BUDAPEST (Reuters) – Hungary’s central bank hiked its one-week deposit rate by 50 bps to 7.75% at a tender on Thursday as its raised its forecast for tax-adjusted core inflation, its preferred measure of lasting price trends, to an eye-watering 13%-14% this year.
The National Bank of Hungary (NBH) raised its base rate by a whopping 185 basis points to 7.75% on Tuesday, delivering its biggest rate rise since the start of the global financial crisis in 2008 to shore up the forint.
On Thursday, it followed up that increase with a 50 bps hike in the one-week deposit rate, its facility designed to tackle short-term financial market volatility, closing the spread between the two rates in line with its earlier pledge.
The NBH lifted its 2022 tax-adjusted core inflation forecast from 7.9% to 9.4% seen just three months ago, projecting a retreat to 6.6% to 8.2% next year, still sharply above its 2% to 4% policy target range.
The NBH also projects private sector gross wage growth at 13.2% to 13.8% this year and at 8.8% to 9.9% next year, which it said could pose further upside risks to inflation.
“Since there is strong competition for skilled labour force in all sectors, robust wage growth is likely to persist, which increases the risk of rising underlying inflation developments,” it said.
The bank’s deputy Governor Barnabas Virag said the bank needed “every percentage point and basis point” to reach its 3% inflation target, which is expected to happen in 2024.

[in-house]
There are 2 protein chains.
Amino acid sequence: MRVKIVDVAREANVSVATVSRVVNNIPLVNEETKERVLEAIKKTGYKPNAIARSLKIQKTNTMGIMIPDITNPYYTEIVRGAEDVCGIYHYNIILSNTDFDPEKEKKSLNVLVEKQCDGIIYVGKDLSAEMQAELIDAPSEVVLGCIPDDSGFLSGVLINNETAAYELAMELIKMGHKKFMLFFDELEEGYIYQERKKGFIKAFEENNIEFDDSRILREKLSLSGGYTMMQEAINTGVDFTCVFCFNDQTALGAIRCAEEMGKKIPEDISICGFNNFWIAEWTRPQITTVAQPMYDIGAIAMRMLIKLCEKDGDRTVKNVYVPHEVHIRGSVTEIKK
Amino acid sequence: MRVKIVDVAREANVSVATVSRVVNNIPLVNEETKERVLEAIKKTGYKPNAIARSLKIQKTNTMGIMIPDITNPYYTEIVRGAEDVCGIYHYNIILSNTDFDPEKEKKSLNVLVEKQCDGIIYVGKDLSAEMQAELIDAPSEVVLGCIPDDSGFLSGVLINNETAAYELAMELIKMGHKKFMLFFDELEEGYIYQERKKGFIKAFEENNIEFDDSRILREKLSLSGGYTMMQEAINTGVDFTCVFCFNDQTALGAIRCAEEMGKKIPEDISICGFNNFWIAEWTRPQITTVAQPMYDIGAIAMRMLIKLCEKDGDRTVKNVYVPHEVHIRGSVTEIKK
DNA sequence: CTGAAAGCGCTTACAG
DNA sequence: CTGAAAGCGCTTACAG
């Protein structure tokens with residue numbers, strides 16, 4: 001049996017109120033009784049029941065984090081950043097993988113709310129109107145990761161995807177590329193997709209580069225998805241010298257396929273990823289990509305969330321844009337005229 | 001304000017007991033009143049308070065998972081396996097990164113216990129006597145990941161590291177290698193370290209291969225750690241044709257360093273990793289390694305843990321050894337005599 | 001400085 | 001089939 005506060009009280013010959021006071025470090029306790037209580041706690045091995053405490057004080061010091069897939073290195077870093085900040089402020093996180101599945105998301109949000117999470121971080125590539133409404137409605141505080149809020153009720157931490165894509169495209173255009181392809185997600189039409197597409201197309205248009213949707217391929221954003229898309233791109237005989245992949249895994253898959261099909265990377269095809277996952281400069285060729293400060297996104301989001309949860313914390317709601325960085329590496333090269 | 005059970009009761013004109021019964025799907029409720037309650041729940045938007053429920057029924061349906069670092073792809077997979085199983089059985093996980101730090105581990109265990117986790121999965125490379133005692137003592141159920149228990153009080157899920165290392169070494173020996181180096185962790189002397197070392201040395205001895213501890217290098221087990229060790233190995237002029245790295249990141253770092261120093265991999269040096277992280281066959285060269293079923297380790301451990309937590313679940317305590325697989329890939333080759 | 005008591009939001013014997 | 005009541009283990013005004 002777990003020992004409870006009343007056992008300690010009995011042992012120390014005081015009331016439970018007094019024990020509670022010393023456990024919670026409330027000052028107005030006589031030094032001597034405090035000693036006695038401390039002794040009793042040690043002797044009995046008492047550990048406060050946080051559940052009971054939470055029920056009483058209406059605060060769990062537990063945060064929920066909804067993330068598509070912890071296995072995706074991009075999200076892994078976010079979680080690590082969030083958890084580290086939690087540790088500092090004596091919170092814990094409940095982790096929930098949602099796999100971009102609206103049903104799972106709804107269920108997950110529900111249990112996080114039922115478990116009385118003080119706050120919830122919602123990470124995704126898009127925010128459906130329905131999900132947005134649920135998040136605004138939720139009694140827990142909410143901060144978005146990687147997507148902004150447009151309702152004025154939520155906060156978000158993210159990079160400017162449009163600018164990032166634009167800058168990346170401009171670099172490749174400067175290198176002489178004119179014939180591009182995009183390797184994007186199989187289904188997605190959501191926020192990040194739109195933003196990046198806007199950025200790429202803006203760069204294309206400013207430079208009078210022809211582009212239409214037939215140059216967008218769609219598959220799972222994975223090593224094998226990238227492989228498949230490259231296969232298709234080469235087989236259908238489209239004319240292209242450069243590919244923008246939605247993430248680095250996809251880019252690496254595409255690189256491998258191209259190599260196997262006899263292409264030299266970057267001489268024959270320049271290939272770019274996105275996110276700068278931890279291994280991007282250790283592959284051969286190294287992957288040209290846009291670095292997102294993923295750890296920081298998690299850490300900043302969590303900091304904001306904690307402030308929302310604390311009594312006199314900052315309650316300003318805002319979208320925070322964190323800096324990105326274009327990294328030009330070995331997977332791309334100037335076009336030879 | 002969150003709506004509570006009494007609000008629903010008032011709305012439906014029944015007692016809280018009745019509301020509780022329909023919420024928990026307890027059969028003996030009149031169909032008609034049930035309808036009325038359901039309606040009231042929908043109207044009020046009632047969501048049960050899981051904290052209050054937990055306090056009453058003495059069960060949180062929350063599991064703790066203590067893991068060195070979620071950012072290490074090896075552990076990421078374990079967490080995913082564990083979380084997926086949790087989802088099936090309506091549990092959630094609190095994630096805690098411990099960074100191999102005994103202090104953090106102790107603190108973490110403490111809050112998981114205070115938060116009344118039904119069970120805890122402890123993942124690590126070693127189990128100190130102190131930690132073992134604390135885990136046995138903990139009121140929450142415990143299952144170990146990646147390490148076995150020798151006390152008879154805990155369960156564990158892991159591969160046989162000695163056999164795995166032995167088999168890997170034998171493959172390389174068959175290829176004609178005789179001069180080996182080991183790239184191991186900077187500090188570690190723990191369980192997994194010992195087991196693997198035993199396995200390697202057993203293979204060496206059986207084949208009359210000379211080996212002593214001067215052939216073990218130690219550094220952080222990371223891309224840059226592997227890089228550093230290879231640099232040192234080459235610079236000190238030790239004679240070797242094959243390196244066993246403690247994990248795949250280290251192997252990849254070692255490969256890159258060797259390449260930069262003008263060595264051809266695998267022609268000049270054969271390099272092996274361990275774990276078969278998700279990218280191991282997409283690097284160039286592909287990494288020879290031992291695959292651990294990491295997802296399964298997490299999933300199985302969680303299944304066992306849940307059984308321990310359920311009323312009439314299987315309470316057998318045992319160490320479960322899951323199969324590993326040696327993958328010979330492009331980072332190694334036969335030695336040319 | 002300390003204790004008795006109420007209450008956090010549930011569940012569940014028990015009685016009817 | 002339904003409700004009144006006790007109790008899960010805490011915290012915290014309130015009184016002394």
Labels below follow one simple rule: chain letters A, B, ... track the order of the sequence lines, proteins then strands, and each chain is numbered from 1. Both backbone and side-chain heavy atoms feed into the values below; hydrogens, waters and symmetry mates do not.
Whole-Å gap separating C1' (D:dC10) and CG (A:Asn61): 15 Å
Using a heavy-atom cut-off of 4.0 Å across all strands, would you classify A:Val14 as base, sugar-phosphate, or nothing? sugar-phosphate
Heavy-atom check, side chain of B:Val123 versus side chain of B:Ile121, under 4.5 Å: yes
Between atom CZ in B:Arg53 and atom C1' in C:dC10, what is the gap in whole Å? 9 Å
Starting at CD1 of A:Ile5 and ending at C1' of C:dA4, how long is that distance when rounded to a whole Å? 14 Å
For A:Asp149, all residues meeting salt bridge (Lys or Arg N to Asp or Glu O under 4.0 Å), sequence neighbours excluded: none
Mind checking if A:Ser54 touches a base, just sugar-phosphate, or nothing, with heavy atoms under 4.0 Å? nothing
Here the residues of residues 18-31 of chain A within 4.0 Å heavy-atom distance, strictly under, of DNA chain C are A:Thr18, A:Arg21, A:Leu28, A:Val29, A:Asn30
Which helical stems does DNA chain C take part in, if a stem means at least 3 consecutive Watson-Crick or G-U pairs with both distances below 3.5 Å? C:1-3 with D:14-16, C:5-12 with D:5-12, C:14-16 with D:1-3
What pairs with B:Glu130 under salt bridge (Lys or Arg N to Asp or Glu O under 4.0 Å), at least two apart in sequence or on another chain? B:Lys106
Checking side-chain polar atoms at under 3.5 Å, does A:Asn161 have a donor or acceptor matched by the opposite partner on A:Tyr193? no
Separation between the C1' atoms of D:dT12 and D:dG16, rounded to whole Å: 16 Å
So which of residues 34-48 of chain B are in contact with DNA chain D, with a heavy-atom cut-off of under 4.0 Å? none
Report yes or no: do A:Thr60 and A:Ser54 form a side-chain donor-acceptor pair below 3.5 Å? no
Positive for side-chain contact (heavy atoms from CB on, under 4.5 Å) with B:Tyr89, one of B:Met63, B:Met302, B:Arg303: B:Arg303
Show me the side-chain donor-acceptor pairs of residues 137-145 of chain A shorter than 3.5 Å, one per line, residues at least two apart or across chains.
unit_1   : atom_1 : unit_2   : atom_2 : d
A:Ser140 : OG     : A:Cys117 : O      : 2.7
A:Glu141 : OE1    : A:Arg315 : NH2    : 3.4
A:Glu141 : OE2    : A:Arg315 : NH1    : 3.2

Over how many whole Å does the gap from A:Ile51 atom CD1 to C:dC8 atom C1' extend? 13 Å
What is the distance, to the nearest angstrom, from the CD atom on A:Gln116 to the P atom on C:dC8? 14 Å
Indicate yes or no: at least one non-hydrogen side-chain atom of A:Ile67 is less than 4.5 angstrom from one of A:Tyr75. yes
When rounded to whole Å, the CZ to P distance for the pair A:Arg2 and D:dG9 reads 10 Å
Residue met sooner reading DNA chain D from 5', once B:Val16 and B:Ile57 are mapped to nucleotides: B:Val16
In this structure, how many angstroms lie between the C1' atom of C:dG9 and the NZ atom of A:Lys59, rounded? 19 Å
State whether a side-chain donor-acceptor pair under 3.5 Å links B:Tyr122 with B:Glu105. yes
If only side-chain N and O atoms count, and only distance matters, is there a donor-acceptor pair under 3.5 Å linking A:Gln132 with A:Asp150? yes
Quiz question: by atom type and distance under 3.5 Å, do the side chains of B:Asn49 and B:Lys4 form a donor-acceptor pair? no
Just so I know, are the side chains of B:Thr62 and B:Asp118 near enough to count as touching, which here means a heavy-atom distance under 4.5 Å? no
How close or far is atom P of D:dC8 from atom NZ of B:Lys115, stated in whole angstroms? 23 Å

The bank raised its 2022 inflation forecast to 11-12.6% from 7.5-9.8%, and also raised its 2023 projection even though the government has put in place price caps on fuels, basic foodstuffs and households’ energy bills.
The NBH has also pledged more, and decisive rate hikes to come saying that fending off second-round inflation impacts and anchoring expectations was paramount.
“We now see the NBH hiking its base rate to 10% against 8.90% previously by end-3Q22, most likely in a front-loaded manner,” Morgan Stanley (NYSE:) said in a note.
The bigger-than-expected rate hike on Tuesday helped shore up the forint, which plunged to record lows of 404.50 versus the euro on Monday. By Thursday the currency firmed to 395, paring some of its gains.